As a Ticketing Manager for many organisations, I am of the firm belief that customer service is the most important thing to get right for staff. Why then do so many organisations get it wrong.
Firstly, we’ve been told since the dark ages that the “customer is always right” – those four words have been the cause of so many disagreements in various box offices over my career., mostly because, as anyone who works in customer service for any length of time knows, that is quite often far from true. While many customers are reasonable folk who just want to be listened to, are understanding of explanation and agreeable to resolution, there are quite a few who become completely unreasonable.
We all know them, those who barely take time to draw breath, let alone listen to anything we might say to assuage them. How are these folk right? And why do they have the right to verbally abuse the well intentioned staff member.
So what are we doing wrong? All the organisations I know work by the same principles, listen to the customer, try and understand their grievance, come to a resolution within the framework of the principles of the organisation and if you need help escalate the issue to a supervisor or manager. The problem I think is that customers also know that this is the process and have an expectation of a favourable outcome.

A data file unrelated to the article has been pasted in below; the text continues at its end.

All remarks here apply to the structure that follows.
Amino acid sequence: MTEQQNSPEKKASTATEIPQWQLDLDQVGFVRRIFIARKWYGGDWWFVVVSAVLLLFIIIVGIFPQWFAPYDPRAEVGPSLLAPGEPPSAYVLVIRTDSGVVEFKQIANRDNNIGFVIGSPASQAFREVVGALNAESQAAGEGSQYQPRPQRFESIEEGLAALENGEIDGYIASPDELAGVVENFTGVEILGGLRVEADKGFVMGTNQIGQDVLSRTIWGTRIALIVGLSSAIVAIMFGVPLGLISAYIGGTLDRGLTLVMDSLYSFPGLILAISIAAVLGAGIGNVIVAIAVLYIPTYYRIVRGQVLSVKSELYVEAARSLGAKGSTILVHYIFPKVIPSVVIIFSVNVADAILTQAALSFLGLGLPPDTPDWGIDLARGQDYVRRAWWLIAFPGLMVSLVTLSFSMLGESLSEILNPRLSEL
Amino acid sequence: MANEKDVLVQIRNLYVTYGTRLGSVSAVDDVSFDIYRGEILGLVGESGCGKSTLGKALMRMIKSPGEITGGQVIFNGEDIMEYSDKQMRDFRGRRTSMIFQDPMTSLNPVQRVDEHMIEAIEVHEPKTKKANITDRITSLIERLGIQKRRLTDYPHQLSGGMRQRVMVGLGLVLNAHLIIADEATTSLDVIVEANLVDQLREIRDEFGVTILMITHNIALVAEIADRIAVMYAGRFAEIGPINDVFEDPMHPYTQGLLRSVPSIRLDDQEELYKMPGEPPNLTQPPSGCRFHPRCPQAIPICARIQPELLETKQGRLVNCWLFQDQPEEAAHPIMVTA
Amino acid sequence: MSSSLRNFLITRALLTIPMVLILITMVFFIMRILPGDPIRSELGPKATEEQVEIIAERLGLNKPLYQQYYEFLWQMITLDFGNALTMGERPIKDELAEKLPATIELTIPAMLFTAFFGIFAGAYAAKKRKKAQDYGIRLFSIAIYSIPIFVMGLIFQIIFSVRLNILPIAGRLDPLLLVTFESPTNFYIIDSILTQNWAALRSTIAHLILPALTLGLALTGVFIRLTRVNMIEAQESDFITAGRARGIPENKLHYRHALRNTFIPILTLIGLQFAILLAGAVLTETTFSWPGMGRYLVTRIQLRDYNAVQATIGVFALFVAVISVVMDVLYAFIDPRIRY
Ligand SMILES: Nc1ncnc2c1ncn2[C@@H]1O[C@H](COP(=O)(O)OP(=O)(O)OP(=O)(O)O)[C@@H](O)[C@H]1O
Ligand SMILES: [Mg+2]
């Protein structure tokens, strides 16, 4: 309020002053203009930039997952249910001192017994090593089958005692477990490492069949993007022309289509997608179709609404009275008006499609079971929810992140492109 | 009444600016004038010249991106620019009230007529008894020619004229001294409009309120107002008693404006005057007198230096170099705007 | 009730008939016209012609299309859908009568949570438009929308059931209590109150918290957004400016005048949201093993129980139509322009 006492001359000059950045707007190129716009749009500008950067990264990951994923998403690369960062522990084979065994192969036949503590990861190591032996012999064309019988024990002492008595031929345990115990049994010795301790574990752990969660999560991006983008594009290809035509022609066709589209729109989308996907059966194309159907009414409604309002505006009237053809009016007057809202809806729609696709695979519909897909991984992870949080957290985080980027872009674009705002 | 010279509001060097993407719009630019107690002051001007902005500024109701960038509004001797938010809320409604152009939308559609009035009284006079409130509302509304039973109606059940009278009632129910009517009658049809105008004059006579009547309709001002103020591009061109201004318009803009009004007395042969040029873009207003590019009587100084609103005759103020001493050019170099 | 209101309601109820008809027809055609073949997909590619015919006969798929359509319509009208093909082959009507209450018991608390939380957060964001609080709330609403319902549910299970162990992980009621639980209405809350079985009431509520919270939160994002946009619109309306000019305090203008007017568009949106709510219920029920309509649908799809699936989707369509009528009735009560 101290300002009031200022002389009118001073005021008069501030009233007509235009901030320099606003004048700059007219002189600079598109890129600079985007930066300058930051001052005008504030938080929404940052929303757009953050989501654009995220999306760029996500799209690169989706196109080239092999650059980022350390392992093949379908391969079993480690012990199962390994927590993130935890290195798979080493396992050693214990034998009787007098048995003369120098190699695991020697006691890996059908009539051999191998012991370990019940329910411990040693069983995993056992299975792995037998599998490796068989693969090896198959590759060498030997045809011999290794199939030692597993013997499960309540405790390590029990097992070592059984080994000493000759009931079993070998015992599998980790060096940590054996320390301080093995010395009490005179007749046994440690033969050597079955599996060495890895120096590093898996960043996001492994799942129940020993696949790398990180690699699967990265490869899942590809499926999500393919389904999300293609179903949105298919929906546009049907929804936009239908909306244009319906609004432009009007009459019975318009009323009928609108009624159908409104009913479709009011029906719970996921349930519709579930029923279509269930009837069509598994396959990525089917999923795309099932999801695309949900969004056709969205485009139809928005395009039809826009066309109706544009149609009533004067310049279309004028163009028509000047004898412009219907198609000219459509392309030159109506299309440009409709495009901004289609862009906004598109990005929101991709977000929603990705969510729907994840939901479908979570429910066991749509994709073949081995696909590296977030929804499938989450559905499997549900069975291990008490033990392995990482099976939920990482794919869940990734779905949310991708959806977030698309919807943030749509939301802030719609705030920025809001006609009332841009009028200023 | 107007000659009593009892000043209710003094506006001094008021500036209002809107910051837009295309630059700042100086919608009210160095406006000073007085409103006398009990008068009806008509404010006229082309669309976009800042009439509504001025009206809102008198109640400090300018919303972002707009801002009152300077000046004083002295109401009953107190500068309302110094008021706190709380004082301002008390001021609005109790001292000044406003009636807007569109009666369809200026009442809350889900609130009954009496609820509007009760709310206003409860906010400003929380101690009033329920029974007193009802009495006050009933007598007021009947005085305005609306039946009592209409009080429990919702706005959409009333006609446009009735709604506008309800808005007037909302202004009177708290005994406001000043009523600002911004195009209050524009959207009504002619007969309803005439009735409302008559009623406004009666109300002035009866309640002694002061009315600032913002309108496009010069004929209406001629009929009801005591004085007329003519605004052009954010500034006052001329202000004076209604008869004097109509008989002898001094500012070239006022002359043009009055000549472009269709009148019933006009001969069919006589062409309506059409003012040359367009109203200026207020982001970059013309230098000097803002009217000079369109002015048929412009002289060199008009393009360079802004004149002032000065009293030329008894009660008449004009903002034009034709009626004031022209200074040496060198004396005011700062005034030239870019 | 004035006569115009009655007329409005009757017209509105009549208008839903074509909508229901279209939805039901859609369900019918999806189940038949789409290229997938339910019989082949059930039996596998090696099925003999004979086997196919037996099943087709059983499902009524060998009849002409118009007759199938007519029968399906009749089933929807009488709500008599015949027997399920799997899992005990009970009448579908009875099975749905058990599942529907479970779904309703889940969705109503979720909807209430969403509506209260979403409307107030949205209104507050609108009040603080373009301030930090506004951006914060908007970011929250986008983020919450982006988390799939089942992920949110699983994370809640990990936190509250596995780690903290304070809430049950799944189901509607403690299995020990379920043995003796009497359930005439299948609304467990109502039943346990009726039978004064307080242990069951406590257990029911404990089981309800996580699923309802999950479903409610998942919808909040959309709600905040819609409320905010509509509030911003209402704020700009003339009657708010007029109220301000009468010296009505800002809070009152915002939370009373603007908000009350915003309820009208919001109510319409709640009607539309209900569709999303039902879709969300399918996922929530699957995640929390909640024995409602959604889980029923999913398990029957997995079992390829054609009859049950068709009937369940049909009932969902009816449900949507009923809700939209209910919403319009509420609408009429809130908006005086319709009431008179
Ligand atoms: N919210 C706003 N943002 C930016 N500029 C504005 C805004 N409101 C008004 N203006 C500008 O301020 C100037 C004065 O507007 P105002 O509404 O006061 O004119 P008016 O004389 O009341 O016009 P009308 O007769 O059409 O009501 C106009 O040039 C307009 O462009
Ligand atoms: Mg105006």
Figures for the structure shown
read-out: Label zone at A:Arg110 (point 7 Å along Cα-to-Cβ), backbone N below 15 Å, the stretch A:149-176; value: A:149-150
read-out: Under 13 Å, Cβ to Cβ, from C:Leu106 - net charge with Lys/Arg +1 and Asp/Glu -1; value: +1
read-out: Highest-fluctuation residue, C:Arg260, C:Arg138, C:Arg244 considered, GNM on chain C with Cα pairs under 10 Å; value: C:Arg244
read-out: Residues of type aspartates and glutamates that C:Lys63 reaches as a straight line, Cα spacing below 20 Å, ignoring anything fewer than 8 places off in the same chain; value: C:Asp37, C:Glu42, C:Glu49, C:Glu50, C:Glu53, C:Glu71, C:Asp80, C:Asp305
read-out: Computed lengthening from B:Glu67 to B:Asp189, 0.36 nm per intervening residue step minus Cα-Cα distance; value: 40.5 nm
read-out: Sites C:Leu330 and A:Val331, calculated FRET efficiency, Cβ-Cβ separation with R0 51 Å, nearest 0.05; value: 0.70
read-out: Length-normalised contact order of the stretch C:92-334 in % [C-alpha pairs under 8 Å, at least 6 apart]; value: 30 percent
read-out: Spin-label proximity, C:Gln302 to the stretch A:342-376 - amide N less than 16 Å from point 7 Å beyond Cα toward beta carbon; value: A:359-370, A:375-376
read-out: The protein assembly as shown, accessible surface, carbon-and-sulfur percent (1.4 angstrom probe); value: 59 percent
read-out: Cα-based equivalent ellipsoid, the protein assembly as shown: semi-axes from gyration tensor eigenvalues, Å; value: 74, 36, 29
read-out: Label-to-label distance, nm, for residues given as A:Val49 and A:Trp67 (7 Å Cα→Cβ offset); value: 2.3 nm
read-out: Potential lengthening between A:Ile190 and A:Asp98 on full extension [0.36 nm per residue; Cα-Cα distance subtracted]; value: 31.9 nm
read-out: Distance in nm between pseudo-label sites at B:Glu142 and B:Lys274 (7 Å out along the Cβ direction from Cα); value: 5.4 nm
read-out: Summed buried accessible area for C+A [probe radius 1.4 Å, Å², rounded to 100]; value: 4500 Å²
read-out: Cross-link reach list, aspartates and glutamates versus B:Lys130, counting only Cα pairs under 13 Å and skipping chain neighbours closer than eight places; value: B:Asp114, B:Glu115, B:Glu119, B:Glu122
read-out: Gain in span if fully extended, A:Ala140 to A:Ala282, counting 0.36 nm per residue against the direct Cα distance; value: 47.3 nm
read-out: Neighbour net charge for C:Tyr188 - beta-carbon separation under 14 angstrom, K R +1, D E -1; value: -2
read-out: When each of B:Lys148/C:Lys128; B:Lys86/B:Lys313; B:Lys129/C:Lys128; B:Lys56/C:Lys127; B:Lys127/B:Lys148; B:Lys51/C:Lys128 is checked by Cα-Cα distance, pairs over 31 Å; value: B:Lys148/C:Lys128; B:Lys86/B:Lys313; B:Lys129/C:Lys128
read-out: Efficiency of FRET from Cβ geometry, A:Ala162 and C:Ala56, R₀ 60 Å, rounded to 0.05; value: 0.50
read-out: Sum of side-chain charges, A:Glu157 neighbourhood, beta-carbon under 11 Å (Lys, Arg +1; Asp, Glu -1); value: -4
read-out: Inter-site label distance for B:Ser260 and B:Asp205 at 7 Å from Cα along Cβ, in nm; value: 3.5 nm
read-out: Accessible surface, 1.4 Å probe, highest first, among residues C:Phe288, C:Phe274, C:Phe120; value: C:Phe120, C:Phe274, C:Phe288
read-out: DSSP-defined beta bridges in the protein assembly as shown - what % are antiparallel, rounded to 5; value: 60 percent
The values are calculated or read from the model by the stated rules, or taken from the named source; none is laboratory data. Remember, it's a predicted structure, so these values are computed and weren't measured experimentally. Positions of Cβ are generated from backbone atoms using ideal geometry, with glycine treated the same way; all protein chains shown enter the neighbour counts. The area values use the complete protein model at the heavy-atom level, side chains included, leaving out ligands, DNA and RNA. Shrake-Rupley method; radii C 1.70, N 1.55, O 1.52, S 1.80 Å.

In most cases, a favourable outcome is exactly what we want customer service to achieve for both customers and organisations. But why do we always talk about customer service as a response to a negative action?
customer service is about reading the signals from the customer
Customer service should be an attitude not a response or as I recently saw “a department”. If organisations are creating good customer service environments you would hope the level of issues would decrease in turn. It should be about ensuring that every staff member is equipped to answer the questions that they will be asked, to know about the venue, area, events, restaurants, bus timetables or know how to find the information quickly and easily, to feel empowered to take that extra few minutes to understand a customer’s requirements or discover how they can make their visit better.
As so many customers are time poor, customer service is about reading the signals from the customer and providing the level of service that is right for them. Being efficient and effective for someone who only has their lunch break or having a conversation with Mavis who last saw this play 30 years ago. Finding the right attitude and dealing with them in the manner that is fit for purpose is good customer service.
CRM does is give us the tools to understand our customers
One of the things our increased data capture and emphasis on CRM does is give us the tools to understand our customers better, to enable us to know that Mavis likes a chat about the play she is booking for, or that Jim has to have the aisle seat.
Marketing and Development departments are utilising data to segment and tailor communications but what about our frontline services? Surely, our Box Offices have as much need to understand the customer relationship, if only to enable a better experience for both the customer and staff member. Remember knowledge is power, we should start working smarter in all aspects of the customer service ratio.
By empowering our frontline staff and creating positive customer service attitudes we will be more successful in developing relationships with our customers and producing advocates for our business. Isn’t that what most of us are aiming for?